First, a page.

In contrast, no strategy has been advanced to reduce the OPEB liability, to fund the liability actuarially, or to protect the RHBT so that it can grow meaningfully and provide a steady source of funding similar to the pension funds.21 While Mayor de Blasio deserves credit for increasing the RHBT size to record levels, the fund is not governed by a policy that mandates deposits or limits withdrawals.22 Rather, Administration officials have been clear that the fund is viewed as part of the City’s general budget reserves to be used in times of fiscal stress.

Capital spending has reached record levels, surpassing $10 billion in committed work in fiscal year 2018. The Administration does not consider increased debt service to support this investment as a problem since debt service levels are not projected to surpass 15 percent of tax revenues over the next 10 years. None of the City’s surplus revenues have been allocated to pay-as-you-go (PAYGO) funding of capital projects.

While the Mayor may not be worried, the magnitude of the liabilities and their large claim on city resources are consistently cited as concerns by rating agencies and keep the City from attaining the highest rating possible on GO debt.23 In April 2018 Fitch wrote: “Debt, pensions, and OPEB liabilities are all large even relative to the city’s vast resource base, and the long-term liability burden assessment reflects debt and pension liabilities…equal to about 28% of the city’s personal income.”24

Similarly, Moody’s stressed the budgetary challenge: “Even with strong budgetary controls, growth in costs for debt service, pensions and retiree health care will continue to be a challenge for the city.”25 Standard and Poor’s cited “the lack of a plan to sufficiently address the OPEB” as a credit weakness, a concern echoed by the members of the Financial Control Board.26

Using a single rating agency as an example is a helpful way to see how these liabilities affect the rating of a bond series—something akin to a credit score—which ultimately affects the City’s cost of borrowing. The highest rating Fitch assigns is AAA, followed by AA and then A. Overall, the City’s GO debt is rated AA by Fitch, but the City’s measures on long-term liabilities fall into the A range. According to Fitch, the City’s “carrying cost” (ongoing expense) for debt service, pensions, and OPEB is 21 percent, which puts it at an A rating (below 20 percent would be AA and below 10 percent would be AAA). Similarly, the long-term liability burden measured as direct debt plus net pension liability as a share of personal income is estimated at 28 percent, also associated with an A rating (the burden would need to be below 10 percent for AAA). Other factors are similarly reviewed and the composite picture is used to assign a final rating to each bond series.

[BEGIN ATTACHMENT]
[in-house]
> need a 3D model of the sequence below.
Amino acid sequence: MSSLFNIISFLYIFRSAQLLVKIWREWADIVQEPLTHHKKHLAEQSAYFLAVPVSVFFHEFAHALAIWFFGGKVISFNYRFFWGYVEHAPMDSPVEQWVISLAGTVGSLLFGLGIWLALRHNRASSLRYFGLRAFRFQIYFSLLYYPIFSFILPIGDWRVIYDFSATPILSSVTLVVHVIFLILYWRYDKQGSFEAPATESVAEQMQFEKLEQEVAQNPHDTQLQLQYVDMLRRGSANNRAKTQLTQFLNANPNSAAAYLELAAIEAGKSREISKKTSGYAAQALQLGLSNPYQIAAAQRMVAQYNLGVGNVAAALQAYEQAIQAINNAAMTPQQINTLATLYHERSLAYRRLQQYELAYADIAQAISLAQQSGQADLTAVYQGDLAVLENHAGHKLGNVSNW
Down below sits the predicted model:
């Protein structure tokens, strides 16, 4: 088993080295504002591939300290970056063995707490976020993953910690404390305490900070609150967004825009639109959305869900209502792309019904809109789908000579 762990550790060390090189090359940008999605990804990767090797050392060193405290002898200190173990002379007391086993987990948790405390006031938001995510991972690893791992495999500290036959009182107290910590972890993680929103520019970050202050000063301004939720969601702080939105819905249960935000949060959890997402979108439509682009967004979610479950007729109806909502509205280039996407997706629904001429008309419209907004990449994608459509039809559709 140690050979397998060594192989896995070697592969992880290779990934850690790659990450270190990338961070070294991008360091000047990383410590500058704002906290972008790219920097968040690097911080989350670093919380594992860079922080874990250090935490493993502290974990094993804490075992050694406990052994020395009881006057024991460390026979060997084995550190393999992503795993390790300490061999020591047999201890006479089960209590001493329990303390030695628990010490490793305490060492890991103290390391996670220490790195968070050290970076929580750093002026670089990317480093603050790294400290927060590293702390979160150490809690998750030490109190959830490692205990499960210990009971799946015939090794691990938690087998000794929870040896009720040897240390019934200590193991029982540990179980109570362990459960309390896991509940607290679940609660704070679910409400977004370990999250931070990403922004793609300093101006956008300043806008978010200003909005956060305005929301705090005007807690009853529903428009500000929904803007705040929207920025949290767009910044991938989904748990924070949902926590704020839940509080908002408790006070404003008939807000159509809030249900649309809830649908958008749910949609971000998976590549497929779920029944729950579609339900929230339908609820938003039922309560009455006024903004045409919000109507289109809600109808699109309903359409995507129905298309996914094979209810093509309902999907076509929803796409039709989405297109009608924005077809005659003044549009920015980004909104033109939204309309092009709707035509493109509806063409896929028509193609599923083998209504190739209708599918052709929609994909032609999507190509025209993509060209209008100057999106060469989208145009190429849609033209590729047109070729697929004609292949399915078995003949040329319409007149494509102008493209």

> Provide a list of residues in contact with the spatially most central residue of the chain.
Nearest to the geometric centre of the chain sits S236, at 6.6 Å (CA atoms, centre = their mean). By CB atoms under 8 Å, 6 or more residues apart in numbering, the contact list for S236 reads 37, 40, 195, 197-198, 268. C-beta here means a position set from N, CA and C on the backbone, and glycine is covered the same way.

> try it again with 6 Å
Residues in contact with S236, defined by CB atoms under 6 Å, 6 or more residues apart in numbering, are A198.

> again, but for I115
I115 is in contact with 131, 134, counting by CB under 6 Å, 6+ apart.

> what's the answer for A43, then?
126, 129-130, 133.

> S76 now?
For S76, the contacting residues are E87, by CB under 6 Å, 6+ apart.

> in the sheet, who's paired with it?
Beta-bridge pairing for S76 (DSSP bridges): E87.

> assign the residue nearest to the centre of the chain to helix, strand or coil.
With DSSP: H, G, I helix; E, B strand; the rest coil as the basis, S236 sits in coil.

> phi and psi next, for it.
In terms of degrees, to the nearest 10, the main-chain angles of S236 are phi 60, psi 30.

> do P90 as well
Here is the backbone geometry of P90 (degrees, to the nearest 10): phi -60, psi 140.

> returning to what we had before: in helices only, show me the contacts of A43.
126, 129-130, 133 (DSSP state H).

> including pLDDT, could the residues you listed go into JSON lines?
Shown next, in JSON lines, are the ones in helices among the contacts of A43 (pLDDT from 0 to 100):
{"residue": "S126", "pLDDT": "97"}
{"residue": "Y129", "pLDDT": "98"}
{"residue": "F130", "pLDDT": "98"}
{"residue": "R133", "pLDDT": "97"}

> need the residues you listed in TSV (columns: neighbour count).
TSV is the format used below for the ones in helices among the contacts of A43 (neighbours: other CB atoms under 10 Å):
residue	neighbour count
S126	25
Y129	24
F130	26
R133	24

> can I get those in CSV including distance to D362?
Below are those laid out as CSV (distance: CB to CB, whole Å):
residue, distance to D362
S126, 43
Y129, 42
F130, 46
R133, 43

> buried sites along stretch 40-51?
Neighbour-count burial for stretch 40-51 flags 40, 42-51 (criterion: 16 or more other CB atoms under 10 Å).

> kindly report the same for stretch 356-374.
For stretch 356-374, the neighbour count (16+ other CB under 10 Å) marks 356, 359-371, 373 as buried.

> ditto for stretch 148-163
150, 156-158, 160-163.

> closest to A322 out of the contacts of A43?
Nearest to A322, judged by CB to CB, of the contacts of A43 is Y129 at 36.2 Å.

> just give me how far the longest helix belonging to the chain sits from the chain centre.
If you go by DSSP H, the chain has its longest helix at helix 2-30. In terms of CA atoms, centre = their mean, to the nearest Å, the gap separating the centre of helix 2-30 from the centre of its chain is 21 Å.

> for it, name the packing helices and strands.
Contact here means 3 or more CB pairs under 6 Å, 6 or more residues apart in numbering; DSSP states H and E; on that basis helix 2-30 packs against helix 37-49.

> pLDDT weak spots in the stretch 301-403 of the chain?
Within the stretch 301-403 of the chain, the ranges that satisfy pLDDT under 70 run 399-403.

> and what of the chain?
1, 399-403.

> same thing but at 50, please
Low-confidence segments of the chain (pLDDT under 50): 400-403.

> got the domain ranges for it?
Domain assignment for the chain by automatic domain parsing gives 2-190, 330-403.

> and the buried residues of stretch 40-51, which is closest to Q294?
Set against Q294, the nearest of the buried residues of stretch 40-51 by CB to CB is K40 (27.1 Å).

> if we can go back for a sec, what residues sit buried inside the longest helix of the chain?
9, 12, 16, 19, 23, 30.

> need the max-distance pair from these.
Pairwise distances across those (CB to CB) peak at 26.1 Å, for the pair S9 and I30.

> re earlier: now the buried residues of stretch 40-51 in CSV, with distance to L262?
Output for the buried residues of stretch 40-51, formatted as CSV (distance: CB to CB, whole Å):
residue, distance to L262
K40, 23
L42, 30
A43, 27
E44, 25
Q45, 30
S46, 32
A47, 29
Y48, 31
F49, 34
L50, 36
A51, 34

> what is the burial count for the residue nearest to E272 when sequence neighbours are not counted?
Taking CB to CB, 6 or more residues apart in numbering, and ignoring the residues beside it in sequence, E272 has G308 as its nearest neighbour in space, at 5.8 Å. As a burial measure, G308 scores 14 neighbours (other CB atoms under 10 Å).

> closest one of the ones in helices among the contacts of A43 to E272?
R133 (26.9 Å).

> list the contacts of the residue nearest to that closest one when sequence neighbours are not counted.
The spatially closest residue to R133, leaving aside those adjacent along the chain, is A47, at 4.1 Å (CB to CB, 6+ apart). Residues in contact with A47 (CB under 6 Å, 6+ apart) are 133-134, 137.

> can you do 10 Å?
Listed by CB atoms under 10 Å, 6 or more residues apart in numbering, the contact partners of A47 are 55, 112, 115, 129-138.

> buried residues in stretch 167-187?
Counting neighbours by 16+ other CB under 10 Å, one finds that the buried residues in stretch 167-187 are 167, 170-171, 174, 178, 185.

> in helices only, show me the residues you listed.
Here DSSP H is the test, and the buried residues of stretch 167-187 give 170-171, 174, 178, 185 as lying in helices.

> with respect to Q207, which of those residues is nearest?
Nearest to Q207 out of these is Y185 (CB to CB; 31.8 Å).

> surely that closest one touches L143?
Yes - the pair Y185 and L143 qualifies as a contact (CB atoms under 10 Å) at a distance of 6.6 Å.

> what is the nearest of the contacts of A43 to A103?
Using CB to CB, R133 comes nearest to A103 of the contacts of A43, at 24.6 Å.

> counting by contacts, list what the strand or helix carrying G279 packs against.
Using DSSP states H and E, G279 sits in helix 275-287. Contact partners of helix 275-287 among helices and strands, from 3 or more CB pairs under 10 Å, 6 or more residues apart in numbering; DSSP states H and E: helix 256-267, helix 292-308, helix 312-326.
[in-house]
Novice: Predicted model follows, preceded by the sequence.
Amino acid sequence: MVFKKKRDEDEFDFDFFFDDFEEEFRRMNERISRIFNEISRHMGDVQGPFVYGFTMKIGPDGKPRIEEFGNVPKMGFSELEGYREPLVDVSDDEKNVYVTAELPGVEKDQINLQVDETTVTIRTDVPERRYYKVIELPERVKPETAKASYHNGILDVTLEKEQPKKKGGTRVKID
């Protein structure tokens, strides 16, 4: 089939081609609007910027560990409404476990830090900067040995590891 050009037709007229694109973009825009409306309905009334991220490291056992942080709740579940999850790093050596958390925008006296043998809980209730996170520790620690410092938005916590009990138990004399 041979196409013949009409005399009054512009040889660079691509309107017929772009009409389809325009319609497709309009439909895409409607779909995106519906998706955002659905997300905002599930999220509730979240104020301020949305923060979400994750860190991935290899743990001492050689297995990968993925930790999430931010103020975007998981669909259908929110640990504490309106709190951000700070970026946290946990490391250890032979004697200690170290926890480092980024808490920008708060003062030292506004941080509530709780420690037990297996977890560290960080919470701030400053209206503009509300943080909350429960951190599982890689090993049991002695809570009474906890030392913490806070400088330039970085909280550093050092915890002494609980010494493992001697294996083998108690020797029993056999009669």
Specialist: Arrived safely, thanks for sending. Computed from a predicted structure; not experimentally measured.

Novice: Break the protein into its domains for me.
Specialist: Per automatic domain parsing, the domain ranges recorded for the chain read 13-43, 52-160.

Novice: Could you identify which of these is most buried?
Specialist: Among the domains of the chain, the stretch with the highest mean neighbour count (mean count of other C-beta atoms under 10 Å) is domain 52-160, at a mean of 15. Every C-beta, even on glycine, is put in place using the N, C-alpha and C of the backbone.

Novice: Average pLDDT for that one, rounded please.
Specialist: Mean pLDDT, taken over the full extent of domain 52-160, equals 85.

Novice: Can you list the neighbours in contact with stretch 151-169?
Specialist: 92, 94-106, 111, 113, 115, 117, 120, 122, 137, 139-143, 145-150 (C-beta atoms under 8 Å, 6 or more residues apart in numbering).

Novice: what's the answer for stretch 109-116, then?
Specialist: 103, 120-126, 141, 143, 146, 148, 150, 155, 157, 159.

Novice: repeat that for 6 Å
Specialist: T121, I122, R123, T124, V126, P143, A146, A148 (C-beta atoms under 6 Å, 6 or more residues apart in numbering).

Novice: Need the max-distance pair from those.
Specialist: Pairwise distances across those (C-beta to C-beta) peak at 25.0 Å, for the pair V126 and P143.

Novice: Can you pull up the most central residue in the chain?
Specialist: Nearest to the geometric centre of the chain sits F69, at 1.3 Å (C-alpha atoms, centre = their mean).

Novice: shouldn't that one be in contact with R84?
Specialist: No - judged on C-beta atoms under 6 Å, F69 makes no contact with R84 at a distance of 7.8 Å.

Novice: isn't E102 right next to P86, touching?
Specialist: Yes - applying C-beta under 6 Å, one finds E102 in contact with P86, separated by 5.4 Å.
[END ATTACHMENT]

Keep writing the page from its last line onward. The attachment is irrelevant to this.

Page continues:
New Yorkers know that when times are good, it is prudent to save and to pay down their debts. While the Mayor and the City Council tout annual budget savings, they are silent on the need to pay down the City’s liabilities. More can and should be done to chart a course for long-term fiscal stability while the economy remains strong.

Bonded Debt

Critical investments in infrastructure are needed to ensure the City’s vibrancy and competitiveness; however, the capital plan is “unrealistic in ambition, obscures priorities, and discourages accountability.27 New bonded debt should be limited by implementing a more realistic capital plan developed around specific priorities and predominantly focused on repairing critical infrastructure, ensuring safety, and expanding where investments make economic sense or can improve critical services.

In addition, current year resources should be used to pay for part of the City’s capital investment.  For several years, the operating budget has included a dedicated $250 million “capital reserve.” It was intended as a hedge against rising debt service costs, but the City’s interest rate assumptions have always been conservative and the funds have been rolled into the following year. Instead, these funds should be used as PAYGO capital to reduce the borrowing needed each year to finance the capital plan.

Other Postemployment Benefits

Addressing the City’s substantial OPEB liability has two components: 1) a thoughtful reduction in benefits; and 2) a strategy to prefund the liability.